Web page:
Edinburgh Council's pricing revealed for electric vehicle chargers amid connection fee criticism

COUNCILLORS have been accused of discouraging poorer households from buying an electric vehicle after ignoring advice from a trade body and pressing ahead with introducing connection charges.

Tuesday, 15th October 2019, 1:01 pm
Updated Tuesday, 15th October 2019, 2:02 pm
Electric vehicle charging points are being rolled out across Edinburgh, Picture: TSPL

In March, Edinburgh Council approved the first phase of a total of 211 electric chargers to be provided across the Capital – with 66 fast and rapid chargers being set-up in the first phase.

Councillors have now agreed how much users will have to pay to use the new infrastructure – both paying a connection fee and a per kWh charge. All chargers will come with a 20 pence charge per kWh of electricity used – but the slow chargers, to be provided at park and ride sites, will include a £2 connection fee, fast chargers will carry a 30 pence connection fee and rapid chargers will cost users a £1 fee.

Green councillors called for the proposed charging regime to be put on hold – but the authority’s finance and resources convener, Cllr Alasdair Rankin, refused the request. Reviews will take place every six months.

The framework has been agreed despite the Electric Vehicle Association of Scotland (EVAS) panning the proposals, labelling them “flawed” and calling for them to be reviewed. EVAS members have unanimously rejected the connection fee.

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Green Cllr Chas Booth said: “Their argument is that having a connection fee and setting it at a comparatively high rate may incentivise charger hogging. If the fee is for a connection, that disincentives people to move off that charger and allow more people to use it.

“It also potentially disadvantages those with smaller cars with smaller batteries. For example, someone with a smaller battery with a 20kwh capacity may need to charge three times a week – which with a connection fee, their total charges could be £15 – whereas a larger vehicle that only needs one charge a week could actually have a lower charge.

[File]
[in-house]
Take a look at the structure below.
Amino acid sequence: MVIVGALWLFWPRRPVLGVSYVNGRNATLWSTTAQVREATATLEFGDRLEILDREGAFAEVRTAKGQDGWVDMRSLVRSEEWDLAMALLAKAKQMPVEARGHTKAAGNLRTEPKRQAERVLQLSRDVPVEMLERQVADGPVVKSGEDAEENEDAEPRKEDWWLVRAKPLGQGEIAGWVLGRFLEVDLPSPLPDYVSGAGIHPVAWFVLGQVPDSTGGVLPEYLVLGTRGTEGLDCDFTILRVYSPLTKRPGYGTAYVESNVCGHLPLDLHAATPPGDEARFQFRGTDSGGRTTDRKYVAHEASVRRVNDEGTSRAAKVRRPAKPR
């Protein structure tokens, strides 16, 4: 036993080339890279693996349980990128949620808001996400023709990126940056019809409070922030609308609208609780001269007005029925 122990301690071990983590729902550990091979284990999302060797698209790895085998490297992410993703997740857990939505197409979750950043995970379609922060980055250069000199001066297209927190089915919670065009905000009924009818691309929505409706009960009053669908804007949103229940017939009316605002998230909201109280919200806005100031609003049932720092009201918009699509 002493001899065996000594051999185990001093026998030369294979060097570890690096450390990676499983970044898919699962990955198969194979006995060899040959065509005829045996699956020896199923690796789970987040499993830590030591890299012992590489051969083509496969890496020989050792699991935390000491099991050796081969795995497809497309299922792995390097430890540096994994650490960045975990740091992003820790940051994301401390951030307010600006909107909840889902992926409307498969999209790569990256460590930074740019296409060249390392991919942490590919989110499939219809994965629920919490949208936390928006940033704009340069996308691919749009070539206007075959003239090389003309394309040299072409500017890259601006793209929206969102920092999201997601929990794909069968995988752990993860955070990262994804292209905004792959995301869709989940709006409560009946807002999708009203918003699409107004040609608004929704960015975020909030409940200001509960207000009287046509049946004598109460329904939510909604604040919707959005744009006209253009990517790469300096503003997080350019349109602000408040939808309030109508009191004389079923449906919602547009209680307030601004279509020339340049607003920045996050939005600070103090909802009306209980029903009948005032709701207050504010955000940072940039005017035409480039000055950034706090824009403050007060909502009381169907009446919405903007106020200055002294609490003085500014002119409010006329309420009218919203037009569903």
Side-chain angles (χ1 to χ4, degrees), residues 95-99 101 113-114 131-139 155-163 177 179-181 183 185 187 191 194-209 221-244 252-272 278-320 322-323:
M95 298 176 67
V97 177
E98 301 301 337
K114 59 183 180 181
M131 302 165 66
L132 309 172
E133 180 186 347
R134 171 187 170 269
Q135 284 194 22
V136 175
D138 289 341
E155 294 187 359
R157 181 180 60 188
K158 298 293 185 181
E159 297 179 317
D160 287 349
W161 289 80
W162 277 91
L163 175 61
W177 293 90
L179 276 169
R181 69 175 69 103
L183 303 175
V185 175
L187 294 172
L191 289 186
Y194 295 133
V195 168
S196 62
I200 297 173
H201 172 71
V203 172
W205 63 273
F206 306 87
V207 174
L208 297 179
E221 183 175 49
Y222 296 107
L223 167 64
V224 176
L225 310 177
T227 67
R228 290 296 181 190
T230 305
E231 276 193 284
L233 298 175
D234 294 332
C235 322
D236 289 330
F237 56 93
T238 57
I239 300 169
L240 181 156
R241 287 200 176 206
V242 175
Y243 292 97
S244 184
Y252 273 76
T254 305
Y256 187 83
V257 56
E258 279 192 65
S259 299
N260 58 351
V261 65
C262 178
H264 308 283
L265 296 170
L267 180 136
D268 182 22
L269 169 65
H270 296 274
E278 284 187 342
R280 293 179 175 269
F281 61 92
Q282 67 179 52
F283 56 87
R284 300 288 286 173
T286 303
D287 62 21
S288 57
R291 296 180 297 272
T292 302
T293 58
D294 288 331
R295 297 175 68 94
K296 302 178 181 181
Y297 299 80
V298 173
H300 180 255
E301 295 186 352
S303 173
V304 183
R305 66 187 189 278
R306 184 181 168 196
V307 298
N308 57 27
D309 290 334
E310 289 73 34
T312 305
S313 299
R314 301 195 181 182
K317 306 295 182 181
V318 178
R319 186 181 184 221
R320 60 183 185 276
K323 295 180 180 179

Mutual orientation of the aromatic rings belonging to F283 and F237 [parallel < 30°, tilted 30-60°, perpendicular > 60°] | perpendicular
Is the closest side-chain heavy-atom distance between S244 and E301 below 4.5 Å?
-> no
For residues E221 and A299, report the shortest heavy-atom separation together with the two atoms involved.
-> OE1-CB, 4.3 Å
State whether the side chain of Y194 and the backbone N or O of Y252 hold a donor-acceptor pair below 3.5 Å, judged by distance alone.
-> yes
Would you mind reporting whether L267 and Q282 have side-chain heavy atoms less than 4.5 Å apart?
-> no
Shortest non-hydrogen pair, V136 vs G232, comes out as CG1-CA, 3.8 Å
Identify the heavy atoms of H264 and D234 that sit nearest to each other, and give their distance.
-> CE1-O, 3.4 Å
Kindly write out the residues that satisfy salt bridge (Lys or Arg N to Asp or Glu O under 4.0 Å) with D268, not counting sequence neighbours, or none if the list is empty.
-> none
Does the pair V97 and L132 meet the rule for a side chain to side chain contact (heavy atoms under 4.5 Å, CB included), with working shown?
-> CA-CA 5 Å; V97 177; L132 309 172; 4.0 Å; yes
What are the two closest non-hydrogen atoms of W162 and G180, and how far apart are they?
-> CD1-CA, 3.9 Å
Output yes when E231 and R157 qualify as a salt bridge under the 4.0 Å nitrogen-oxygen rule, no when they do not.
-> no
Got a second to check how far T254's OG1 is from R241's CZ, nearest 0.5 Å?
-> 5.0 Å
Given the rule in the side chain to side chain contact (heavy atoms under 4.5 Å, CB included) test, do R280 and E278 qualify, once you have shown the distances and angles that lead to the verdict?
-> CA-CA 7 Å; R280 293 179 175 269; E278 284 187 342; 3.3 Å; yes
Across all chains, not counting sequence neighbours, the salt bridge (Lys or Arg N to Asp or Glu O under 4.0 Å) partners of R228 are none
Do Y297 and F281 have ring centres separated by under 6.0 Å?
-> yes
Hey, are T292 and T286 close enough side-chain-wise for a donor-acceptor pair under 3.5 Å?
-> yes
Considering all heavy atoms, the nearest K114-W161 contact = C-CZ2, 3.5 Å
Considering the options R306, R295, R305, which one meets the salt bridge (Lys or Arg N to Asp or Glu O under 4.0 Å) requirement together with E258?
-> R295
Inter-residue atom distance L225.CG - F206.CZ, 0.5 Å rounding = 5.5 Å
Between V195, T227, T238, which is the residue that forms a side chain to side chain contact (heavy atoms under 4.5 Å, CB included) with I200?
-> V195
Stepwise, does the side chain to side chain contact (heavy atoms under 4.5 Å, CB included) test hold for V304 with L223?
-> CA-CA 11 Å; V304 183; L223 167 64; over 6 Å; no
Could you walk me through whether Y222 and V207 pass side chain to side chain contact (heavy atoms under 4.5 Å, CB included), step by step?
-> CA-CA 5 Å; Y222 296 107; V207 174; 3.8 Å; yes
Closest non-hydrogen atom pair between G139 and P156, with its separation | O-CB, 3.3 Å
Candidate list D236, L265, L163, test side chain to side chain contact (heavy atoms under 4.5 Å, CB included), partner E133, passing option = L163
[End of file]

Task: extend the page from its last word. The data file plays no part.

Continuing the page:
“Are we not putting a perverse incentive for people to have larger vehicles, which are also heavier and therefore bad for our roads? Is there not a social justice issue here because the larger vehicles are obviously a lot more expensive and the smaller ones are move accessible?”

The council’s sustainable development manager, Janice Pauwels, told councillors that “free charging can no longer be sustained”.

She said: “We know they (EVAS) are not in favour of connection fees at all and would rather see a flat rate. The three charges that we have proposed were to have affordability for users but also to have a business case that is viable. They were also asked to look at a potential business case where revenue could be generated for the council.

“If we didn’t have the connection fee, the business case doesn’t stack up – it’s financially not viable. I’m not convinced that EVAS are considering all the costs in their considerations.”

Council officials say that even with the new charges, the costs for electric vehicle charging will “be far cheaper” than petrol or diesel fuel at around nine to 12 pence per mile compared to around 15 to 16 pence per mile.

Cllr Rankin rejected a call from Cllr Booth for the charging regime to be put on hold, despite Ms Pauwels telling councillors “you could defer the tariffs”.

The convener said: “We do have these six monthly reviews. If does seem to me that for all these issues raised, that’s something that can be addressed in light of six months of experience of having rolled this out and seeing how it actually operates.

“My own view is that we let the system run and we can make an evidence-based decision after six months.”

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